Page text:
Microsoft Exposes Google AdSense Scheme

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Mistyping a URL in the address bar of a browser can lead to a ring of traffic-stealing “typo-squatters” that ripoff the AdSense for domains system at the expense of Google and its advertisers.

Sometimes a misspelled domain can be harmful; googkle.com led visitors to a malware site that would upload various Trojans and downloaders to a PC just by going there.

In the case of Google’s AdSense for domains, intentional misspellings led to domains held by a Panamanian company called Unasi Inc., apparently for the purpose of gaining AdSense revenue, eWeek’s Ryan Naraine reported.

It was Microsoft Research that uncovered the scam, the report said:

With the new Strider Typo-Patrol System, the Microsoft Research Systems Management Research Group was able to track down a ring of typo-squatters registering misspelled domain names and generating traffic to serve advertising from Google.

The report listed Amazon, Expedia, and Mapquest among the brands victimized by the scheme. Google’s domain parking server Oingo.com hosted nearly all the misspelled URLs.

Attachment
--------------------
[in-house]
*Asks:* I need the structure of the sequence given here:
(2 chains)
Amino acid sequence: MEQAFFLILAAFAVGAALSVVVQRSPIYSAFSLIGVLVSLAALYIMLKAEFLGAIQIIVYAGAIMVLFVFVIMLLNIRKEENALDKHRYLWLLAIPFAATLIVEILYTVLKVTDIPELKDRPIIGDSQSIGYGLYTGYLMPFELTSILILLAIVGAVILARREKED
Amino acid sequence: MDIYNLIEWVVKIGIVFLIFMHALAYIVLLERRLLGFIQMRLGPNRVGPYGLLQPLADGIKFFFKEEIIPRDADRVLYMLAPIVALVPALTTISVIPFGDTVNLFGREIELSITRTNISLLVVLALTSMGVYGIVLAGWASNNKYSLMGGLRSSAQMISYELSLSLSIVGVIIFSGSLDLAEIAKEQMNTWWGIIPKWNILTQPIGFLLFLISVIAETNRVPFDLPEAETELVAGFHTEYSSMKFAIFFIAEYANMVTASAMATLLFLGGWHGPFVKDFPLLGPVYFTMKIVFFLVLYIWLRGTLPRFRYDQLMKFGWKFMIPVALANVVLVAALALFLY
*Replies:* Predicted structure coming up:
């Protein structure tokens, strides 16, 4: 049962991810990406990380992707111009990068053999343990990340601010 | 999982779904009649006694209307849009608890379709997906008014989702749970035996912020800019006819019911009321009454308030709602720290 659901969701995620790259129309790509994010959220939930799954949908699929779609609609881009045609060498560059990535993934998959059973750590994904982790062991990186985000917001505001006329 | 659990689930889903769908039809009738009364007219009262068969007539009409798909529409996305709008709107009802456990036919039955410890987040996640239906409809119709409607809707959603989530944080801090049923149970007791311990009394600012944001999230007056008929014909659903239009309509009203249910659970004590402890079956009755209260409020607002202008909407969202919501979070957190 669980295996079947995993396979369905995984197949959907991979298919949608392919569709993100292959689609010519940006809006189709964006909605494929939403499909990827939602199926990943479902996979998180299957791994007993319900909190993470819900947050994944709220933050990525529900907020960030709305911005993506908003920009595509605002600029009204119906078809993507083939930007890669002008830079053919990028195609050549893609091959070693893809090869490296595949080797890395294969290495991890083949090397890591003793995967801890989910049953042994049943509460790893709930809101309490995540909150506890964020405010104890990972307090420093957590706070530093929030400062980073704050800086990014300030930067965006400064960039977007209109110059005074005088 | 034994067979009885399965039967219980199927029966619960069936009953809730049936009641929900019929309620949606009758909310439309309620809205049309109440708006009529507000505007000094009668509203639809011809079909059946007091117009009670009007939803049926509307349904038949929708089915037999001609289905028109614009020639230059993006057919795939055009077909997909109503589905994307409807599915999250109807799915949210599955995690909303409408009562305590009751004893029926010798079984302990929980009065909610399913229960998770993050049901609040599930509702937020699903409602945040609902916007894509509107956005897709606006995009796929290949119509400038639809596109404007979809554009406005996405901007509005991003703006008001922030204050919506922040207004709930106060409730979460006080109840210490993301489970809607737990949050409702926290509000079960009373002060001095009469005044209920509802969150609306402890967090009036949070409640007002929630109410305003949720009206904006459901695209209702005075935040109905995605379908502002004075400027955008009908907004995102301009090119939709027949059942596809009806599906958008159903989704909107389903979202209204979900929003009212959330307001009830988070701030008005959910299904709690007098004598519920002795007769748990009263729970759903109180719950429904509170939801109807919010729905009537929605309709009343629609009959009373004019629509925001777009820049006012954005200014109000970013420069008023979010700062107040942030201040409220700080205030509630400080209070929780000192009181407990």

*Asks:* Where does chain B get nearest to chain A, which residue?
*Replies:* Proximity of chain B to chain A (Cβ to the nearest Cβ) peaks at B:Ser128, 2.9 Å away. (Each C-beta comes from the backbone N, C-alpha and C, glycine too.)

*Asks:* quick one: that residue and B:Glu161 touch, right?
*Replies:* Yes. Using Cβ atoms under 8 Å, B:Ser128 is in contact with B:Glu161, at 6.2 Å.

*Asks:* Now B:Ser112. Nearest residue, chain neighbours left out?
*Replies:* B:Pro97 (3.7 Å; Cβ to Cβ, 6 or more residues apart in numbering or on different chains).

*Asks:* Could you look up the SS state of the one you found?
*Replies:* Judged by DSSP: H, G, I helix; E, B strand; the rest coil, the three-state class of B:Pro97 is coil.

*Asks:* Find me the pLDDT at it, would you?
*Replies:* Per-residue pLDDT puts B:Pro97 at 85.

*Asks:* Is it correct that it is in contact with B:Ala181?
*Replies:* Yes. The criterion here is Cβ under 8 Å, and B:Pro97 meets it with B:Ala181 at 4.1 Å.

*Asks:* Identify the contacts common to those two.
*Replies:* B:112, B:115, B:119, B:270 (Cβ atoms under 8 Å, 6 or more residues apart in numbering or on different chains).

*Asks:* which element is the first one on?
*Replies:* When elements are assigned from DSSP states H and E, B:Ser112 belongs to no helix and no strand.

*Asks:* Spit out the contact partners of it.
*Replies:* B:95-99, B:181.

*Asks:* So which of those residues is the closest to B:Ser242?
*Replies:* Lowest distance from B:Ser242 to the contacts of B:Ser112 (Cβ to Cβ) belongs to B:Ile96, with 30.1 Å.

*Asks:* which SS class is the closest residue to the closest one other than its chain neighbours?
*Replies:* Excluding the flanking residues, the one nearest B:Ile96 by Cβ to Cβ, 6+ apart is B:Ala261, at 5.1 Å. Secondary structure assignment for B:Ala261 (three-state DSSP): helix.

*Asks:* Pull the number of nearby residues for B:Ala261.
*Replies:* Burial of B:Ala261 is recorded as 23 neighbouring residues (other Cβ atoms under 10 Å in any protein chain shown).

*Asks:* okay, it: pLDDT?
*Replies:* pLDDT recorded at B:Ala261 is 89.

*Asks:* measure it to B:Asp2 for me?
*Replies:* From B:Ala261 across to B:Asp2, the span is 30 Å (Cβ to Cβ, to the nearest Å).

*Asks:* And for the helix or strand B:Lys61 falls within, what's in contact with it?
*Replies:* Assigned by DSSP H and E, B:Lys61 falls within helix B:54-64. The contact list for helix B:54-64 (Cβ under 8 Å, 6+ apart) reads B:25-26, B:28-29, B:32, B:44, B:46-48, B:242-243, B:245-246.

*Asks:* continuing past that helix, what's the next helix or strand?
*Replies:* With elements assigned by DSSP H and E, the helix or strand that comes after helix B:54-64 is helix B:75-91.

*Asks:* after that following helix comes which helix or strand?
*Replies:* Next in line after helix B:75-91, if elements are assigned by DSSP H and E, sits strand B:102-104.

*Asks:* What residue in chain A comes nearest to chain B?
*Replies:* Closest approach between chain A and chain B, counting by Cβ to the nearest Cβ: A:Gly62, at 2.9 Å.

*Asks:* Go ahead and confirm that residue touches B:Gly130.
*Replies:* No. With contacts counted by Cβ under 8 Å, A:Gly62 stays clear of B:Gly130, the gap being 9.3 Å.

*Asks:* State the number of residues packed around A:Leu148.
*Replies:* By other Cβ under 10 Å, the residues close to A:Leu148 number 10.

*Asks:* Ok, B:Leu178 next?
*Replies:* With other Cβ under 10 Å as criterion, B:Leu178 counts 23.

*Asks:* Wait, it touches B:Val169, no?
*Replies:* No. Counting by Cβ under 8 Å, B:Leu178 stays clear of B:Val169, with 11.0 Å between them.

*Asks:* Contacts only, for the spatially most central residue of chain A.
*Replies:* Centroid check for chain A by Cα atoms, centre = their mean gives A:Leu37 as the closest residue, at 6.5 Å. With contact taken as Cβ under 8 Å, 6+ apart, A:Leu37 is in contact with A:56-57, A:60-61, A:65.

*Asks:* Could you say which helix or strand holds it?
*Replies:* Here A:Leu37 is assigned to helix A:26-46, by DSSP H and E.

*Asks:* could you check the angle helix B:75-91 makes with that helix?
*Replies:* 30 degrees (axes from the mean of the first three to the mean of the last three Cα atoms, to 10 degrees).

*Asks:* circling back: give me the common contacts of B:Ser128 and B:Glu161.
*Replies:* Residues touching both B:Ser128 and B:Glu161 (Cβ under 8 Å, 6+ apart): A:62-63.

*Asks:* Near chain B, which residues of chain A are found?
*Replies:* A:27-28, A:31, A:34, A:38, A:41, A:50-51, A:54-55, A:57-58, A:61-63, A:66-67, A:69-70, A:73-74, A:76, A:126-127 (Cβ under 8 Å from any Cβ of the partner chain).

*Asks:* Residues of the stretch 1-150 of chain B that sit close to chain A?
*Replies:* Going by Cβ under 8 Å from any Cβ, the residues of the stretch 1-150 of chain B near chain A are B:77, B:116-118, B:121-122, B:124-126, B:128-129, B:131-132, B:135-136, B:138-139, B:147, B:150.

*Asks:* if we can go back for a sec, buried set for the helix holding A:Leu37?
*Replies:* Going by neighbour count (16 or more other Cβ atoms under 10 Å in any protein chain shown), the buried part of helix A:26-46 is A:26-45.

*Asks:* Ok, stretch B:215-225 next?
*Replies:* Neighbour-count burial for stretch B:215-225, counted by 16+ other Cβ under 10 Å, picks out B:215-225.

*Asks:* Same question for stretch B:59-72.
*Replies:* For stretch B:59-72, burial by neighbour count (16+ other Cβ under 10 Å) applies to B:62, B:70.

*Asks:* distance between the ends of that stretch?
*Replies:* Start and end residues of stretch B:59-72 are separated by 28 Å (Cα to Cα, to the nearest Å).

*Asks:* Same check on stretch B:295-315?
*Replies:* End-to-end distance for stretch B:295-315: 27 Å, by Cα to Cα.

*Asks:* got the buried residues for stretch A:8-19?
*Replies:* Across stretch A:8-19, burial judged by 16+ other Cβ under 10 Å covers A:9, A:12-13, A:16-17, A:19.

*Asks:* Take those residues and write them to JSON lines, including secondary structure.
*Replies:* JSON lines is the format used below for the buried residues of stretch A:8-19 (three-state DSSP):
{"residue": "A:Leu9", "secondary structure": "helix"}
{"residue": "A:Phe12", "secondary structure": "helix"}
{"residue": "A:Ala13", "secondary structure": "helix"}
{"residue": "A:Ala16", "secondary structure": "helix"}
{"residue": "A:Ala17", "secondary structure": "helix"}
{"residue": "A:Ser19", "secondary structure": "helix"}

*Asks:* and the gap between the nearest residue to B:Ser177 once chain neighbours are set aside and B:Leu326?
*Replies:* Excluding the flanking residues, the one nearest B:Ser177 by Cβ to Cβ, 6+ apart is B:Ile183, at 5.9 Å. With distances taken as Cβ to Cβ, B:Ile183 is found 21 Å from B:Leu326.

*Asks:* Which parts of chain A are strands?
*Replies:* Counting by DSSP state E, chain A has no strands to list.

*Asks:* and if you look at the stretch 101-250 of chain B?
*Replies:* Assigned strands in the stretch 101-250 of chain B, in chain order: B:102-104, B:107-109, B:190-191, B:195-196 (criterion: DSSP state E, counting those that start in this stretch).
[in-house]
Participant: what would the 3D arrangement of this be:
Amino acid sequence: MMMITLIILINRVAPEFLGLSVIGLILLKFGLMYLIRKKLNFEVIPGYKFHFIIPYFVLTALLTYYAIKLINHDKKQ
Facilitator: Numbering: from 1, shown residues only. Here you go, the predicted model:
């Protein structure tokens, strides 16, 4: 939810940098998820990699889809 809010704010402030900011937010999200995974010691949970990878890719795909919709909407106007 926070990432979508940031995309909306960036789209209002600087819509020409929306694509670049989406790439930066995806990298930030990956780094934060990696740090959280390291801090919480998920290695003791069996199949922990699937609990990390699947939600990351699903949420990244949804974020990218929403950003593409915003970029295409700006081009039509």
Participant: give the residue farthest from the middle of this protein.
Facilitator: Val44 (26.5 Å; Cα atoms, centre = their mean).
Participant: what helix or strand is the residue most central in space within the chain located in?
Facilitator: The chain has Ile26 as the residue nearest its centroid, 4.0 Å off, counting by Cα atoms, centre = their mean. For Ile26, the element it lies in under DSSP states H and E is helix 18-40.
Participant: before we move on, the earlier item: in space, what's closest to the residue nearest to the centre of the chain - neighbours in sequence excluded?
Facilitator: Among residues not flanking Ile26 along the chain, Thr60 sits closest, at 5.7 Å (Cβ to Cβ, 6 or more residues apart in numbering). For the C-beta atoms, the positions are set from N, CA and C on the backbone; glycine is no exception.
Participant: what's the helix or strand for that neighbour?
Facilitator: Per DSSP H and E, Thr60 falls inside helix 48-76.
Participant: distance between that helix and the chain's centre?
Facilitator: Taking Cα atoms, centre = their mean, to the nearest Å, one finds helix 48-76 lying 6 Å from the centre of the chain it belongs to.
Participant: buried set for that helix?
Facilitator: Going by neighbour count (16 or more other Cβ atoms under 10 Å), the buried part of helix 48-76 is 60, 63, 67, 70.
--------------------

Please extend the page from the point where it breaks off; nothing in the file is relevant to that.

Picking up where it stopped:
Security researcher Ben Edelman told eWeek of problems with Google’s domain parking:

“It’s not uncommon to see domains like bankofdamerica.com, which ultimately get all of their revenue from Google, yet which are clearly prohibited under settled trademark law,” Edelman said.

“That doesn’t seem to bother Google, though; Google takes the odd position that they’re not responsible for where their ads end up, even when they’re paying domain registrants to show the ads there.”

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David Utter is a staff writer for WebProNews covering technology and business.

Microsoft Exposes Google AdSense Scheme
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